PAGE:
Catarina Hits Brazil
image (328 Kb)
2004, only two tropical cyclones had ever been noted in the South
Atlantic Basin, and no hurricanes. In late March 2004, a circulation
center well off the coast of southern Brazil developed tropical
cyclone characteristics and continued to intensify as it moved westward.
The system developed an eye and apparently reached hurricane strength
on Friday, March 28, before eventually making landfall late the
The crew of
the International Space Station was notified of the cyclone and
acquired these excellent oblique photos of the storm just as it
made landfall on the southern Brazilian state of Catarina. The storm
has been unofficially dubbed "Hurricane Catarina." Note the
clockwise circulation of Southern Hemisphere cyclones, the well-defined
banding features and the eyewall of at least a Category 1 system.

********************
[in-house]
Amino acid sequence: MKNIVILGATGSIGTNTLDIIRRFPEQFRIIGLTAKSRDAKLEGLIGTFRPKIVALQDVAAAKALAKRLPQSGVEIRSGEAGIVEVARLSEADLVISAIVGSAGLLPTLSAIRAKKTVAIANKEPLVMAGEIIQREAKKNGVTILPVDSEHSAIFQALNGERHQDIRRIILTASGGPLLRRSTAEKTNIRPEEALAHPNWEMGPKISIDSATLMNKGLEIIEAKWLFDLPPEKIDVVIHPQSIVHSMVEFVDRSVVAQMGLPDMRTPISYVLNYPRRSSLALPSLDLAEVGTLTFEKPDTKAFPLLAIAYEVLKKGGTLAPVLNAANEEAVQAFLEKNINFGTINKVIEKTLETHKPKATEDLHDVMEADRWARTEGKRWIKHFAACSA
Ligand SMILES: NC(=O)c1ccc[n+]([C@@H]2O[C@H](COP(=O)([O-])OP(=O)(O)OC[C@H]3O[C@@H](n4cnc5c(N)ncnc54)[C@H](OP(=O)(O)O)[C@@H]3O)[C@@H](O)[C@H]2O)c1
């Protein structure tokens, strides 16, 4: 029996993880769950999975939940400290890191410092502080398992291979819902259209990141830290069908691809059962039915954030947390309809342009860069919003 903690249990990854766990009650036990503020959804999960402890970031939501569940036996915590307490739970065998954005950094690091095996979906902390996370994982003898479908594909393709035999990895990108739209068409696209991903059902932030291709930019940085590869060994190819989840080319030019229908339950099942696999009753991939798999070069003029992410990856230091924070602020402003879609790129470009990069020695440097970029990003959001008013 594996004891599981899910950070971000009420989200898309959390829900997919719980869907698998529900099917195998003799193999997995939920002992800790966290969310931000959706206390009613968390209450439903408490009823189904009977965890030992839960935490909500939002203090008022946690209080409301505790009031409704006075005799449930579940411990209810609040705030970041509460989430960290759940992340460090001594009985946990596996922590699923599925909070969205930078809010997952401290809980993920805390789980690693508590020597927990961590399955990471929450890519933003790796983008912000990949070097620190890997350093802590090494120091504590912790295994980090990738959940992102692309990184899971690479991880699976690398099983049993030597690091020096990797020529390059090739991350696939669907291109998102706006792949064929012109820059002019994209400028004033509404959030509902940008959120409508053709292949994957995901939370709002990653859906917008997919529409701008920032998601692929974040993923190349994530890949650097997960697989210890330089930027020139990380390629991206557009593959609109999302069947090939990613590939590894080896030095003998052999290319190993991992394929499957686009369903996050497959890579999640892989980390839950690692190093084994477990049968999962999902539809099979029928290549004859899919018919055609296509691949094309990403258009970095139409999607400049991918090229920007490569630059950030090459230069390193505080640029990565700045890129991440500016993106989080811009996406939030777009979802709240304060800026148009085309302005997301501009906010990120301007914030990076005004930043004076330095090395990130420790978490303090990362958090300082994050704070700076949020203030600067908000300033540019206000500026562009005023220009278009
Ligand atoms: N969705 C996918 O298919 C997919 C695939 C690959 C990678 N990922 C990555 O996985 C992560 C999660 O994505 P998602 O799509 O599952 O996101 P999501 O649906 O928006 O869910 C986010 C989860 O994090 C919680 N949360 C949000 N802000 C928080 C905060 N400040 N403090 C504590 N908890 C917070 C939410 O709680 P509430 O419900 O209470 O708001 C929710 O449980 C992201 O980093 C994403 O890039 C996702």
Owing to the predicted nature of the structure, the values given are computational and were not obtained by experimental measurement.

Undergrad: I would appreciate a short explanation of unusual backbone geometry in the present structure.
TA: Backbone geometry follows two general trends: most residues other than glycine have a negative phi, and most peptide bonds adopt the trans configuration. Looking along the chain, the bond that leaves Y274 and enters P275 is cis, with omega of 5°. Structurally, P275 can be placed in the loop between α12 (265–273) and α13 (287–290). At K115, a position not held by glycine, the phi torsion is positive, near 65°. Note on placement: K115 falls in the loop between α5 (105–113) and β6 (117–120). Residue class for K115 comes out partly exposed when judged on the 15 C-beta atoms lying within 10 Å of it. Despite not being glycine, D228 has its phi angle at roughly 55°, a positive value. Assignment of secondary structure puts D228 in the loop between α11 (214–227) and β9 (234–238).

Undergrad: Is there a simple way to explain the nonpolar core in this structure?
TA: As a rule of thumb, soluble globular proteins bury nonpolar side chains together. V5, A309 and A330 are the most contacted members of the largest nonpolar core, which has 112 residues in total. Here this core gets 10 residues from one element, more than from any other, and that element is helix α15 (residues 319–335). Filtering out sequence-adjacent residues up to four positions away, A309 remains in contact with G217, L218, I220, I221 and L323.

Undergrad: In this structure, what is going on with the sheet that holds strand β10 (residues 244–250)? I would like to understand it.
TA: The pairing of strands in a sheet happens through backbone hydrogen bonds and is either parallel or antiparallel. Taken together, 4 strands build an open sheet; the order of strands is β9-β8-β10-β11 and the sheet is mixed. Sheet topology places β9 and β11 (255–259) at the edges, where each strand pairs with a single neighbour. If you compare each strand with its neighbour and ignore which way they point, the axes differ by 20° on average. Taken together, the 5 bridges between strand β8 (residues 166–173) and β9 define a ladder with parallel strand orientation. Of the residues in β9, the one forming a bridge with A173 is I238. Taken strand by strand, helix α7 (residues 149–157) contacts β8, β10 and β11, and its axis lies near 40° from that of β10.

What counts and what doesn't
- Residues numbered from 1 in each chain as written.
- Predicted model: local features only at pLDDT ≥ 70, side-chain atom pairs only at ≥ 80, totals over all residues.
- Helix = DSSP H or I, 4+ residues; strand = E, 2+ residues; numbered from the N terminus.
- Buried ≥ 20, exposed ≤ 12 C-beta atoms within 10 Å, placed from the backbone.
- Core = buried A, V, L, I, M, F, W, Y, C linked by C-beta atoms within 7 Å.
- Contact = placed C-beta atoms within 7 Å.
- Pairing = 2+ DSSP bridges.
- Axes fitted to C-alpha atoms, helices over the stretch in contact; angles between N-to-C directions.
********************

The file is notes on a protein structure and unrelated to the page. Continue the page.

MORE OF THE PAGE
The coastline is visible under the clouds in the upper right corner
of the image.
was provided by the Earth Sciences and Image Analysis Laboratory
at Johnson Space Center. The International
Space Station Program supports the laboratory to help astronauts
take pictures of Earth that will be of the greatest value to scientists
and the public, and to make those images freely available on the
Internet. Additional images taken by astronauts and cosmonauts can
be viewed at the NASA/JSC Gateway
to Astronaut Photography of Earth.